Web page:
The good news is that we’re seeing Walgreens’ multistep turnaround beginning to take shape, and it’s being reflected in both the company’s share price and improved operating results.

For instance, Walgreens is on track to reduce its annual operating expenses by over $2 billion by 2022. At the same time, it’s spending aggressively on digitization initiatives. During the fiscal second quarter (ended Feb. 28), Walgreens Boots Alliance saw digitally initiated retail sales rise 78%.

Furthermore, MyWalgreens memberships jumped more than 40% since Dec. 31, 2020, to 56 million. MyWalgreens is a loyalty program that helps the company better understand its customers’ purchasing habits. It’s also a tool that can be used to keep its customers loyal to the brand.

To build on the turnaround campaign, Walgreens is also on track to open 40 of its full-service Village Medical clinics within its stores. The goal is to eventually have up to 700 of these full-service health clinics in its U.S. stores. With more functional clinics, Walgreens should be able to attract repeat customers and easily funnel them to its high-margin pharmacy. 

Despite its recent run-up, shares of Walgreens can be scooped up by opportunistic investors for a shade over 10 times forward earnings per share.

A multi-pipette tool filling test tubes with liquid under UV light.

Image source: Getty Images.

Merck

A third Dow stock that has the potential to fire on all cylinders in Q2 and beyond is big pharma company Merck (NYSE:MRK).

As noted, pharmaceutical stocks like Merck benefit from the consistency of demand for their brand-name drugs, no matter how well or poorly the U.S. or global economy is performing. In spite of the worst recession in decades, Merck managed to grow sales in 2020 by 4%, excluding the impact of currency changes in foreign markets.

Merck has an extensive portfolio of brand-name therapies, but none is more important than cancer immunotherapy Keytruda. To date, Keytruda has been approved to treat 25 different types or stages of cancer, including advanced melanoma, advanced hepatocellular carcinoma, and both metastatic nonsquamous and squamous non-small cell lung cancer (first-line treatment). Merck has dozens of additional clinical studies in the works examining Keytruda as a monotherapy or combination treatment. After bringing in $14.4 billion in full-year sales in 2020 (up 30% year over year), it looks well on its way to eventually becoming the world’s top-selling drug.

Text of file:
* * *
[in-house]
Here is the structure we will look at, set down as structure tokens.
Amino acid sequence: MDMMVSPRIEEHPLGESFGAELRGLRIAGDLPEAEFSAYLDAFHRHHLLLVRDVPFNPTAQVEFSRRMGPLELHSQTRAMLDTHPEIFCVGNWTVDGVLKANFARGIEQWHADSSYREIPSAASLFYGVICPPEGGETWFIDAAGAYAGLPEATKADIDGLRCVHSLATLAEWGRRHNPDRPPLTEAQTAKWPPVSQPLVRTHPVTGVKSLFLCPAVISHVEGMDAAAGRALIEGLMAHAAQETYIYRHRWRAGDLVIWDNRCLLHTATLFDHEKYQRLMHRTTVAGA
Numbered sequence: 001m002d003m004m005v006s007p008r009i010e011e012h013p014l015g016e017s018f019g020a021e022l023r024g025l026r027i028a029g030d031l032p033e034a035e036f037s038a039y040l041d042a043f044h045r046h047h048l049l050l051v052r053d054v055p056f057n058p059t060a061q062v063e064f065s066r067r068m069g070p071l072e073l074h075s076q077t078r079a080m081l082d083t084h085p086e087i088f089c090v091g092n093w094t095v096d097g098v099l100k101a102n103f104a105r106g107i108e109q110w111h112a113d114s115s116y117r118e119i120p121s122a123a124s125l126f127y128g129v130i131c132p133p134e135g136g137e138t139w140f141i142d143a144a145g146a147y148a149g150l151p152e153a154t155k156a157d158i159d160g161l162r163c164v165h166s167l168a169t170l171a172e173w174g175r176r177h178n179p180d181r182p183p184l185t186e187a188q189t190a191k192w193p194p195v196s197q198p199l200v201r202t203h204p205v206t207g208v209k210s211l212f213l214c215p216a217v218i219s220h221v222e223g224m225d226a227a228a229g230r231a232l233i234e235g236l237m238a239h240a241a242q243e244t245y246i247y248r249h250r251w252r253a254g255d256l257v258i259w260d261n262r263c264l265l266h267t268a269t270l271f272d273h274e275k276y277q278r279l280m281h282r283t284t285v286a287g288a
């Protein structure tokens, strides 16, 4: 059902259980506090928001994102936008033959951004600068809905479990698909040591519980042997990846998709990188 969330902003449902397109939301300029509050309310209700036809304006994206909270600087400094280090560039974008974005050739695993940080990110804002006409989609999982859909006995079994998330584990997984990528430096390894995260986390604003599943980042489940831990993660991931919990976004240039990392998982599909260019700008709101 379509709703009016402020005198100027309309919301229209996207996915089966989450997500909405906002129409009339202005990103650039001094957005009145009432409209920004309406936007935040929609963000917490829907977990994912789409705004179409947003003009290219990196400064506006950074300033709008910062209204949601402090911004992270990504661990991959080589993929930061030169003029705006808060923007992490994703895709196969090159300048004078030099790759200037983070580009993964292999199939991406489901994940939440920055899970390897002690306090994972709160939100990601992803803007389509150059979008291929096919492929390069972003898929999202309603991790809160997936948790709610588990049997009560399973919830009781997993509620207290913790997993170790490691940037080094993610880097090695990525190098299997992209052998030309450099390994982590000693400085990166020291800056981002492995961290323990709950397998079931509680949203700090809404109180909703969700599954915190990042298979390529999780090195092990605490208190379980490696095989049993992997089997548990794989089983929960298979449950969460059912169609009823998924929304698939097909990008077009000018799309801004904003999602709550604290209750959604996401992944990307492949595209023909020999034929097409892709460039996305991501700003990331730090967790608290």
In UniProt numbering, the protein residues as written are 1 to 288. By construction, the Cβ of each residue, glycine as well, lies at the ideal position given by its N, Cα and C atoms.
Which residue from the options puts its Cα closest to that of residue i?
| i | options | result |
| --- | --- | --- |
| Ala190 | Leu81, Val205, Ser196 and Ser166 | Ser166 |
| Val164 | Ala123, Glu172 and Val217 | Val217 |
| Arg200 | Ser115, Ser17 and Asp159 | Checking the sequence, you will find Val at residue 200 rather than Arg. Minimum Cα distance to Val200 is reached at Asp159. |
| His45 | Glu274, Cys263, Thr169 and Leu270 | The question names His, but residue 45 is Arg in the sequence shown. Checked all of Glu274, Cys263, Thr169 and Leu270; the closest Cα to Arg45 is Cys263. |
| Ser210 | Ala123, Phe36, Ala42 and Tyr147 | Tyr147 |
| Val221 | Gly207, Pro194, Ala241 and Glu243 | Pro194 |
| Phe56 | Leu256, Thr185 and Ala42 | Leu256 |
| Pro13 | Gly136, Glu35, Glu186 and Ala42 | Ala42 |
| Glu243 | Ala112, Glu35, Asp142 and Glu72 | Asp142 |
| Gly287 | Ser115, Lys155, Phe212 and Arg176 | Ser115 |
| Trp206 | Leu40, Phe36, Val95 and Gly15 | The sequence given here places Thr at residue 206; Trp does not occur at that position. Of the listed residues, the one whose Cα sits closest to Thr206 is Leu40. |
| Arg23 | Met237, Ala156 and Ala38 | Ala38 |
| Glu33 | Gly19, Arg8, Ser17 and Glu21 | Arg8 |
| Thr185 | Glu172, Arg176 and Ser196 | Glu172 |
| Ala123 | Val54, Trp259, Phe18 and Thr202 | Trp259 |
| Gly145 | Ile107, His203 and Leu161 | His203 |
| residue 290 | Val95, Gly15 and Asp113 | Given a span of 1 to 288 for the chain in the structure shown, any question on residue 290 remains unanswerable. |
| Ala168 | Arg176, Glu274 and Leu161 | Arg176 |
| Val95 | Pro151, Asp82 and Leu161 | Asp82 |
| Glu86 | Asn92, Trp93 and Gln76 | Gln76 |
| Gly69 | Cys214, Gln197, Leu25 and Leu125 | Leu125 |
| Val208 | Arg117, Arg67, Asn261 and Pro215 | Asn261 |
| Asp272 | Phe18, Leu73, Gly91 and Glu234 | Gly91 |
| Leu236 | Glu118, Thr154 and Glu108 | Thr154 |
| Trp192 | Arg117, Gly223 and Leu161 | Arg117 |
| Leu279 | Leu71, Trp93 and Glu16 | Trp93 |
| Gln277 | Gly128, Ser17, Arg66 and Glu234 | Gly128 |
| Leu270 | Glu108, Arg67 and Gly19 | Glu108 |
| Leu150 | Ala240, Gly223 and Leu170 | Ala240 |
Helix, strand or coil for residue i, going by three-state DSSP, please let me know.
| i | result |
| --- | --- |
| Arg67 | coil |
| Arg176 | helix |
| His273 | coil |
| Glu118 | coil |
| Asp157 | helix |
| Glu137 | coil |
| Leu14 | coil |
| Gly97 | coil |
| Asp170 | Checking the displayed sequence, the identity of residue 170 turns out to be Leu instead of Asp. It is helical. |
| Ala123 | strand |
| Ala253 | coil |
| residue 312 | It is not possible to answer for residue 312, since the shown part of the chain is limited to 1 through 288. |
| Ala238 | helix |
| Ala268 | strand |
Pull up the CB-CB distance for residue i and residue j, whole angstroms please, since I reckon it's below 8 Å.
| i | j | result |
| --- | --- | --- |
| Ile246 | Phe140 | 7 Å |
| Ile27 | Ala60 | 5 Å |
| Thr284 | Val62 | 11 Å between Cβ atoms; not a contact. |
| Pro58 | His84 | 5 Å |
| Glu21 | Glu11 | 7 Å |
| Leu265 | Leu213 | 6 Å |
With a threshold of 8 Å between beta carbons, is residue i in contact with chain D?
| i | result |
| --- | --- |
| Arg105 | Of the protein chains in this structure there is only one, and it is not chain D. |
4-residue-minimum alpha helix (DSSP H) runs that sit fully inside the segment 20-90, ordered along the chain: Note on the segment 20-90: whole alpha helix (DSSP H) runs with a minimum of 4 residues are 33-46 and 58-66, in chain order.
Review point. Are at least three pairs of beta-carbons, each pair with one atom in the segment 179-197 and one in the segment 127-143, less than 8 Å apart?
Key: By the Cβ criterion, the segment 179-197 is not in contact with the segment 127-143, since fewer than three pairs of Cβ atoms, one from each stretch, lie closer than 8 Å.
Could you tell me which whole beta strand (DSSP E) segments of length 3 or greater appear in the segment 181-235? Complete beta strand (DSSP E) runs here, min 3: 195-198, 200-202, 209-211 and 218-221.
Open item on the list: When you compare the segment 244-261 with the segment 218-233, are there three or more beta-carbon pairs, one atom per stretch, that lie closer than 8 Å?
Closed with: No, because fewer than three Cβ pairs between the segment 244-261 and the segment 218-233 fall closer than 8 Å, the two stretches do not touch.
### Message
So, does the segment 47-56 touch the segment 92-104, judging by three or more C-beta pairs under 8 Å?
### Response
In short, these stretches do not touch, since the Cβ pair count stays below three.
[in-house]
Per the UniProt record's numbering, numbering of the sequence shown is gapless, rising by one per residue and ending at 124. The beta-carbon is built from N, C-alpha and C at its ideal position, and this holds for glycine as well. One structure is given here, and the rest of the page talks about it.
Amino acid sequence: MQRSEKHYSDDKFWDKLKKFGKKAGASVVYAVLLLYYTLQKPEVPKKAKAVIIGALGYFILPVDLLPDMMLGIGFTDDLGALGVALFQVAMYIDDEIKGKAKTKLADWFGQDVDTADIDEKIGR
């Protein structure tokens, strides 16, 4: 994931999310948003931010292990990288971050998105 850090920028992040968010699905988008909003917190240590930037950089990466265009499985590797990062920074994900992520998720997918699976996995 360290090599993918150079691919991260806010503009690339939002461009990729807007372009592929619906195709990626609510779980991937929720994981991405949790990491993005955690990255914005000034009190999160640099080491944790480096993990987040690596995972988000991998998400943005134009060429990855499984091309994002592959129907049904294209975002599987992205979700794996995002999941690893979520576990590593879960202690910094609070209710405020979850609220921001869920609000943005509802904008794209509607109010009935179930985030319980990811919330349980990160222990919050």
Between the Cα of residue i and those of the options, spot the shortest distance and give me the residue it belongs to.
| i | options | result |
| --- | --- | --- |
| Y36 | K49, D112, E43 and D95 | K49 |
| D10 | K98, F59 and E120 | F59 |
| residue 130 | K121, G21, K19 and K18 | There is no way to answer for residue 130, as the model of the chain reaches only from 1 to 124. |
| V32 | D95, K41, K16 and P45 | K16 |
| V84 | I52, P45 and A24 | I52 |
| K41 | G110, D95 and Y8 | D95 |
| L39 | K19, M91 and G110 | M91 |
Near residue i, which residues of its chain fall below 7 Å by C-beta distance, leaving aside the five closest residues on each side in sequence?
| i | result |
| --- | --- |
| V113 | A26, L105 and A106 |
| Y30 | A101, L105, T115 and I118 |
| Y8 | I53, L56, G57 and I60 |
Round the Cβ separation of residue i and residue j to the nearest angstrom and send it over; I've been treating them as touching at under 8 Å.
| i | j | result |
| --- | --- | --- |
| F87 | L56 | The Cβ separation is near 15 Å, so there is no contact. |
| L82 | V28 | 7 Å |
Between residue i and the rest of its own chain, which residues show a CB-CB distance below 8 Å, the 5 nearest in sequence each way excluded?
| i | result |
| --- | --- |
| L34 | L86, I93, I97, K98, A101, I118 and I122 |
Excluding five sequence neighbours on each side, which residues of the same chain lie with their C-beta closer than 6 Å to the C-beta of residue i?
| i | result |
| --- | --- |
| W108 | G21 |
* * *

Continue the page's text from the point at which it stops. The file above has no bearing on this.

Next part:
There are, of course, reasons to be excited beyond just Keytruda. For instance, Merck’s animal health division continues to deliver healthy sales growth. Last year, animal health brought in $4.7 billion, or roughly 10% of total sales. Adjusting for currency moves, the livestock and companion animal (dogs and cats) segments saw respective sales growth of 9% and 11%. With pet owners shelling out big bucks to ensure the well-being of their four-legged friends, double-digit percentage companion animal growth is a good bet moving forward. 

Investors can buy Merck right now for less than 11 times forward-year earnings per share despite sales growth that’s likely to range between 5% and 8% annually through 2025. That’s a screaming bargain for patient value investors.

This article represents the opinion of the writer, who may disagree with the “official” recommendation position of a Motley Fool premium advisory service. We’re motley! Questioning an investing thesis — even one of our own — helps us all think critically about investing and make decisions that help us become smarter, happier, and richer.